“According to the World Health Organisation (WHO), about 80-85 per cent of people in developing countries depend on traditional medicines. In order words, about 170 million Nigerians use traditional medicines. Is that not more than the number of people using GSM? Take your mind back to the profit declared by the GSM providers last year and tell yourself what we are missing from developing or investing in our traditional medicine.
“It’s a shame! Right now, we do not have the data on how much herbal medicine can add to the GDP in precision terms. In fact, until we deliberately prioritise Research and Development (R&D) in herbal/traditional medicine, we will continue to beg for drug aids and we will continue to expose ourselves to the danger of consuming drugs produced by people we don’t know.”
Olowokudejo said proper and organised collection, harvesting and sale of wild medicinal plants can provide a significant source of income for rural people and the government.
He said professional packaging and marketing of herbal remedies would be a source of foreign exchange for the government.
“The world market for herbal remedies in 1999 was calculated to be worth $19.4 billion (N19 trillion),” he said.
The professor of botany said TM could be effectively used in addressing viral and infectious diseases, such as COVID-19, monkeypox, Marburg virus and Ebola virus, among others.
Anyakora said although Africa’s healthcare systems are still largely underdeveloped, the continent can boast of its rich natural resources. It is therefore imperative for Africa to harness its own potential and available resources, including traditional medicine, to realise good health outcomes and meet the United Nations’ Sustainable Development Goal (SDG) 3, “Good health and well-being.”
He said Africa can harness traditional medicines that have proven effective in the management and cure of ailments afflicting the continent’s population, thus lessening the growing burden of infectious and non-communicable diseases on conventional health systems.
Anyakora said, in Nigeria, strategic public-private partnerships are being explored to strengthen the use of traditional medicine.
He said Bloom Public Health, an indigenous Public Health organisation in Africa, has partnered with NNMDA to support its capacity-building efforts and aid in establishing quality management systems that meet international standards of operating, as well as aid research to ensure the availability of safe medicines from local sources for the citizens of Nigeria.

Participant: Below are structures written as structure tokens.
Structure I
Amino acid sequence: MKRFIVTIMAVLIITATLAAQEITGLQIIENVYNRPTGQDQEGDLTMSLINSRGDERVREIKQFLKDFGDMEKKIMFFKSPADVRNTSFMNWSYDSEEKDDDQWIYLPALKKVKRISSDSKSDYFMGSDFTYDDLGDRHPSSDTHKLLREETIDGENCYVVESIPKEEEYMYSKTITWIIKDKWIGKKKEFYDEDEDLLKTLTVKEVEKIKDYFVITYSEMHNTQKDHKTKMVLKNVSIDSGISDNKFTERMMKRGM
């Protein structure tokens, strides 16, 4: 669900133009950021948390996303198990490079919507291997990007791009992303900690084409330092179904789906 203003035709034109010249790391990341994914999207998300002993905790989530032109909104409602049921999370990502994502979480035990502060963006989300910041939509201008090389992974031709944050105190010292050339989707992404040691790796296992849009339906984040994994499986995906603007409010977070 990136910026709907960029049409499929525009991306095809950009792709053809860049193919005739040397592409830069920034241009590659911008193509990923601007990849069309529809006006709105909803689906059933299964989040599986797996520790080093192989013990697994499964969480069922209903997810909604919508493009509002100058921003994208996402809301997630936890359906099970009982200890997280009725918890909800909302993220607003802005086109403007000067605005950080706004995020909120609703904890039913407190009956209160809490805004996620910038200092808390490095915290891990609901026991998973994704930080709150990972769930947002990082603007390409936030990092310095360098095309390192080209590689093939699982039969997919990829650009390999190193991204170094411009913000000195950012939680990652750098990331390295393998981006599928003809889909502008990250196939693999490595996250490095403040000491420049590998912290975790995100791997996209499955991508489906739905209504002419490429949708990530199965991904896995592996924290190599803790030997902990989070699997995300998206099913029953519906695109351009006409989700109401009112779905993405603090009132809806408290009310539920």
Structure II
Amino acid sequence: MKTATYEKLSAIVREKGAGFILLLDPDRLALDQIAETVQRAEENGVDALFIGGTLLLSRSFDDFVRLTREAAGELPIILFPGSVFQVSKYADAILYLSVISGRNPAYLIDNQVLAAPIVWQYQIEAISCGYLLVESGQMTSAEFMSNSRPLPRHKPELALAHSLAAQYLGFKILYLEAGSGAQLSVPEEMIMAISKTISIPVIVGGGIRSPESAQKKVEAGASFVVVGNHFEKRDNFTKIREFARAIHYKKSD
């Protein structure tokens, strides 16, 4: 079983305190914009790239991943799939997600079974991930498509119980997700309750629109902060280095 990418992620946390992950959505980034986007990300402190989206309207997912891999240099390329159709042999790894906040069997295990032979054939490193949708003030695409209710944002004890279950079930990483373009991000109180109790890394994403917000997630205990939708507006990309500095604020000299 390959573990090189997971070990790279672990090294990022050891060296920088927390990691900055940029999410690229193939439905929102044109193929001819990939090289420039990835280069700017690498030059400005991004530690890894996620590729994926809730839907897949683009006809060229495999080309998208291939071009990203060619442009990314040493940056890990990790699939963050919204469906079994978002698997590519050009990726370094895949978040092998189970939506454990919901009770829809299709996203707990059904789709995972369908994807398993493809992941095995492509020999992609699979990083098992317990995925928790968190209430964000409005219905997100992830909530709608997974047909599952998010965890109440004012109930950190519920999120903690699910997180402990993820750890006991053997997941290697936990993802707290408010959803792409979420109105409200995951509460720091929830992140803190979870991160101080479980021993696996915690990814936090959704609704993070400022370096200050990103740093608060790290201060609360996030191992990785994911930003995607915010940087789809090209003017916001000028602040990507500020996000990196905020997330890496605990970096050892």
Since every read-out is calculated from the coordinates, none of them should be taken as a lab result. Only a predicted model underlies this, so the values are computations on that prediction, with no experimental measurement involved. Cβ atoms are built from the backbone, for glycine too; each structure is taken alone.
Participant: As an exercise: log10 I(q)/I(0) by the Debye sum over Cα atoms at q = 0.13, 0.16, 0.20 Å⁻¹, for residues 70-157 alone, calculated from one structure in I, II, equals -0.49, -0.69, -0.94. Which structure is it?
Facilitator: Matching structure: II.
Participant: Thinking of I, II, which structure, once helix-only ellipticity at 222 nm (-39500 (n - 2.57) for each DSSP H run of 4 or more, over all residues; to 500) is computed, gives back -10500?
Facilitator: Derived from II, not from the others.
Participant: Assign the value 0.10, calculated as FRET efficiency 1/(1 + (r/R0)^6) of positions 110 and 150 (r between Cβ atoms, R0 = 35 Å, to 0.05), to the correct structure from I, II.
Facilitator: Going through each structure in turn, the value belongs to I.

Anyakora said Bloom Public Health has worked closely with NNMDA, providing intensive training to upgrade staff skills and technical support for the establishment of the new NNMDA laboratory complex, and has successfully achieved ISO 17025:2017 accreditation for NNMDA laboratories.
He recommends that African governments should invest in biomedical and operational research aimed at expanding the scope of accepted best practices of traditional medicine in national health systems; strengthen the capacity of training institutions to integrate traditional medicine modules in the curricula of health sciences students and health professionals; and promote public-private partnerships aimed at fostering investment in large-scale cultivation and conservation of medicinal plants.
To advance continental efforts towards universal health coverage, Anyakora said Africa must explore and leverage the opportunities within its trado-medical sector by providing comprehensive support for the integration of traditional medicine into healthcare systems across the continent.
Adefule-Ositelu said she is eagerly aspiring for national incorporation of Traditional Complementary Alternative Medicine (TCAM) into Nigeria’s National Health Care System (NHCS). “The Chinese, Indians and many others have achieved theirs and we can also do the same for our people who reasonably also prefer their originality,” the ophthalmologist said.
Adodo said there have been significant breakthroughs in the field of traditional and natural medicine in Nigeria. He said researchers and practitioners have been exploring the medicinal properties of various indigenous plants and substances, leading to the discovery of novel remedies for a range of health issues.